Envy, viewed as a sin, is especially useful in a theocratic society to suppress dissent against gender norms; consider how envy is most often utilized as a “term describing a subject who lacks rather than a point of insight into social inequality.” In Manhunt, Beth, Fran, and Robbie express gender/bodily envy as major drivers of the plot. Beth wishes she wasn’t so bricky, Fran’s bottom dysphoria dominates her motivations, and Robbie can not fully medically transition without becoming a beast. It is through Robbie’s character that the weight of envy feels the most detrimental, the most toxic. Robbie pleads with the universe to “please make [him] a man”, a desperate position, one that defines his character. Fran’s quest to become a “real woman” through surgery impacts the narrative on several levels, while also providing contrast to Beth’s experience. In many ways, this emotional register dominates, for the apocalypse does not provide the surgical or medical options for the kind of transness cishet culture assumes is the only way to happiness and acceptance.  Felker-Martin and Malatino see this imagined, normative  future and push back. 

Rage and Burnout

Anger at the system, personal attacks, and the cognitive and emotional overload of simply existing and caring is a ubiquitous feeling among trans and queer communities. However, Malatino also describes anger as an “orienting” emotion, a gesture that draws on intersectional feminist movements of the past. 

In “The Uses of Anger,” Audre Lorde describes how anger becomes a catalyst for change, how rage becomes the engine. Malatino’s work echoes this sentiment, exploring the nuances of anger in trans lives noting how often “we break to keep on living” as our lives are “engulfed by sad passions, when living among entities intent on minimizing our capacities.” Rage can also lead to burnout as it was originally coined in free clinics for people gave of themselves to care for others in the community, “labor” that is unpaid and demanding.

Because there are few safe spaces for the trans characters of Manhunt, the heroes’ dependence upon each other becomes a strength. Certainly, the characters are exhausted by rage, scarcity, and fascism, which in Felker-Martin’s capable hands become genesis points for moments of joy with and for each other. Tucked away in the bunker brats’ Screw,  Fran marvels how she “will never be hungry again” and how “it felt good to cook” while “Beth was teaching Robbie how to play Screw, both of them slamming cards down on the coffee table and slapping each other’s hands.” They play “Never Have I Ever,” briefly finding stability and positive intercorporeality among cis female neighbors before Felker-Martin yanks the rug out from under them, again.  Like Side Affects, Manhunt illustrates that community, friendship, and love are therapeutic, tenuous, necessary labors to counter systemic violence.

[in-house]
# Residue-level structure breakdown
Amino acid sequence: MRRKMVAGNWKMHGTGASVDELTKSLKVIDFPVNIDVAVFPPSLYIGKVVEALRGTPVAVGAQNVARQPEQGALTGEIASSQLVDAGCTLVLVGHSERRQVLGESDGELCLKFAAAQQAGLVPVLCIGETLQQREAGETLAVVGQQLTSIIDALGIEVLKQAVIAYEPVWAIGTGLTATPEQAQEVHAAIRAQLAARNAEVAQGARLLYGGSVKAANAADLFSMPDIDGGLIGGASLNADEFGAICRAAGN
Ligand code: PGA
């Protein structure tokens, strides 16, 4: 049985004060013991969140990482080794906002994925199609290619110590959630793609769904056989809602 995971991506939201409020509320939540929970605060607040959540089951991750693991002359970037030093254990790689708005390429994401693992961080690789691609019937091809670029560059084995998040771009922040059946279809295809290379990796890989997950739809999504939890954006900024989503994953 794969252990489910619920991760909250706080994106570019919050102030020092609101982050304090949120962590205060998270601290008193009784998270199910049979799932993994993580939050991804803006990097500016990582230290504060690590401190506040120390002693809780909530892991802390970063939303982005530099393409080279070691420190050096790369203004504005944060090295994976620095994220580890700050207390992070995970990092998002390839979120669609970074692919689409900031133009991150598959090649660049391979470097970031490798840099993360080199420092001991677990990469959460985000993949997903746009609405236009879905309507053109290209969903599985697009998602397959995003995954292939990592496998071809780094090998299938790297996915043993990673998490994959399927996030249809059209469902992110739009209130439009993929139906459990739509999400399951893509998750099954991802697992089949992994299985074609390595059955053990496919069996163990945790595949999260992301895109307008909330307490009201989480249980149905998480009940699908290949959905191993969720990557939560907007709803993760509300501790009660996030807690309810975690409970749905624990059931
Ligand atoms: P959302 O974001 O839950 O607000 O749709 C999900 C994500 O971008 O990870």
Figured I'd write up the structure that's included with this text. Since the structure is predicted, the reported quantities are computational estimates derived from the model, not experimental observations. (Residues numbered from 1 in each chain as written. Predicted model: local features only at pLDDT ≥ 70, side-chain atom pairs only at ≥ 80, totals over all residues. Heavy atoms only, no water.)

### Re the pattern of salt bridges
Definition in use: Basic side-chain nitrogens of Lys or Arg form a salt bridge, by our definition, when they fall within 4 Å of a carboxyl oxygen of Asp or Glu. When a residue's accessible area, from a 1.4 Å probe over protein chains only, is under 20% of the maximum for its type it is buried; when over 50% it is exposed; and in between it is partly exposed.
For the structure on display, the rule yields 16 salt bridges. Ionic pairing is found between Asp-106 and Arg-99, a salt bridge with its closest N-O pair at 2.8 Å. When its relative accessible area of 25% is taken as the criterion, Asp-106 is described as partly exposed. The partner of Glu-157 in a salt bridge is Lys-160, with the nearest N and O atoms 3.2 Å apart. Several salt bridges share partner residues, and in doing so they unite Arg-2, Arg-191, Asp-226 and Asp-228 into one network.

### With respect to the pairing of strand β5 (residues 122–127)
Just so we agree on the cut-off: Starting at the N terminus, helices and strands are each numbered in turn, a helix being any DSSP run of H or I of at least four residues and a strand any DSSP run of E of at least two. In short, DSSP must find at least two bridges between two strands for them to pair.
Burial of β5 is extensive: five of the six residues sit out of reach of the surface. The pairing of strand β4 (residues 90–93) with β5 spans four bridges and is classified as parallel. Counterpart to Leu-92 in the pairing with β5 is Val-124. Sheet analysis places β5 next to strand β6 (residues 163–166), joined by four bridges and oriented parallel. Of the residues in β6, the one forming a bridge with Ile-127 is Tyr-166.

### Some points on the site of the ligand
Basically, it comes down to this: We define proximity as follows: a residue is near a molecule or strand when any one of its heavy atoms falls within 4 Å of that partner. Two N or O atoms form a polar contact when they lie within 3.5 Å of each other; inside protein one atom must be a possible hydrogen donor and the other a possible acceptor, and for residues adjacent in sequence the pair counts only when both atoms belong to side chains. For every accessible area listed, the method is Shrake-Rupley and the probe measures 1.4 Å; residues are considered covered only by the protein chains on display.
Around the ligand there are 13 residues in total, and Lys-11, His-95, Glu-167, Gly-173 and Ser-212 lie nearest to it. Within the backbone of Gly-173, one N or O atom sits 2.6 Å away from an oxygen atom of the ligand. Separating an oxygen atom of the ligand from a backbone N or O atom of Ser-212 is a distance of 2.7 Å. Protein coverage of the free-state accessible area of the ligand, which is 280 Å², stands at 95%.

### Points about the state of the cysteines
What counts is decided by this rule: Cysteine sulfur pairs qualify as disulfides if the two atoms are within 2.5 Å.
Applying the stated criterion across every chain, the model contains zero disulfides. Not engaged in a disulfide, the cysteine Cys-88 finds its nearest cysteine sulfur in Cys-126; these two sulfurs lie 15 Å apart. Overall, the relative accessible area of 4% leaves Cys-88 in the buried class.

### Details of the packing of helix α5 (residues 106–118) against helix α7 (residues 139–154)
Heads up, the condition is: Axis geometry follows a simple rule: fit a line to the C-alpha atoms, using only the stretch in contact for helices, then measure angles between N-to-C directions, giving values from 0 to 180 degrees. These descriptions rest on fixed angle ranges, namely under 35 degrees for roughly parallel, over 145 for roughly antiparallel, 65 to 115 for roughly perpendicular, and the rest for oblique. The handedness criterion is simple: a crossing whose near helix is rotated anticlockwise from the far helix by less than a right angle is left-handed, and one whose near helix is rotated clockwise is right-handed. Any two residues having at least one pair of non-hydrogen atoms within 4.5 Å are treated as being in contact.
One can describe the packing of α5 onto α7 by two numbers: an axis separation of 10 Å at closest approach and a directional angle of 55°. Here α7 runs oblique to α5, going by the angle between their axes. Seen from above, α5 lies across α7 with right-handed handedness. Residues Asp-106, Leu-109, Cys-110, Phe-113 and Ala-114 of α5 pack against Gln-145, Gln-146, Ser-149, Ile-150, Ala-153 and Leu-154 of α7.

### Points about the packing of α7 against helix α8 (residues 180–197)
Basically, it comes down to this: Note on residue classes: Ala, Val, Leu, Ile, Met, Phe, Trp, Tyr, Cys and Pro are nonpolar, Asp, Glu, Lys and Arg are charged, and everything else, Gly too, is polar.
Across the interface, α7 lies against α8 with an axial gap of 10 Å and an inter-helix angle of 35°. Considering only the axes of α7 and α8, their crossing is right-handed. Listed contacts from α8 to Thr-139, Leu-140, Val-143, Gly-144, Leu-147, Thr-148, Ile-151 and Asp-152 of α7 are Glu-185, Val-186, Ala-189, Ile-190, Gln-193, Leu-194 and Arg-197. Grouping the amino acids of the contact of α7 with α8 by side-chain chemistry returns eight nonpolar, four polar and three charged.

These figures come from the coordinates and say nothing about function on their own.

Obviously, Felker-Martin’s characters employ violence to counter violence given the characters’ limited privilege in the new world, violence is an appropriate response, but not the only response.  Passion, sex, and romance also become tools to fight Manhunt’s oppressive authorities.  The eroticism of Manhunt is body positive, queer, and intense; sex both healing and traumatic drives characters forward. They run counter to the T-Rex virus’s weaponization of sex and reproduction, as well as the colonized cisnormative ideas of sex and desire that  the TERFs propagate. One of the recurring motifs that illustrates the care and compassion between the characters is how Indi, Beth’s sometimes-lover and doctor, kisses and caresses Beth’s scar, a dysphoric feature for Beth, one that becomes a flashpoint for her emotional well-being when she is forced to wear a binder and perform as a sex worker for the bunker brats. “This is just a job,” Beth rationalizes, as her “soul comes back into her body” running her fingers across the scar thinking “It doesn’t mean I’m fake,” a conscription that re-traumatizes her and aggravates her body dysmorphia.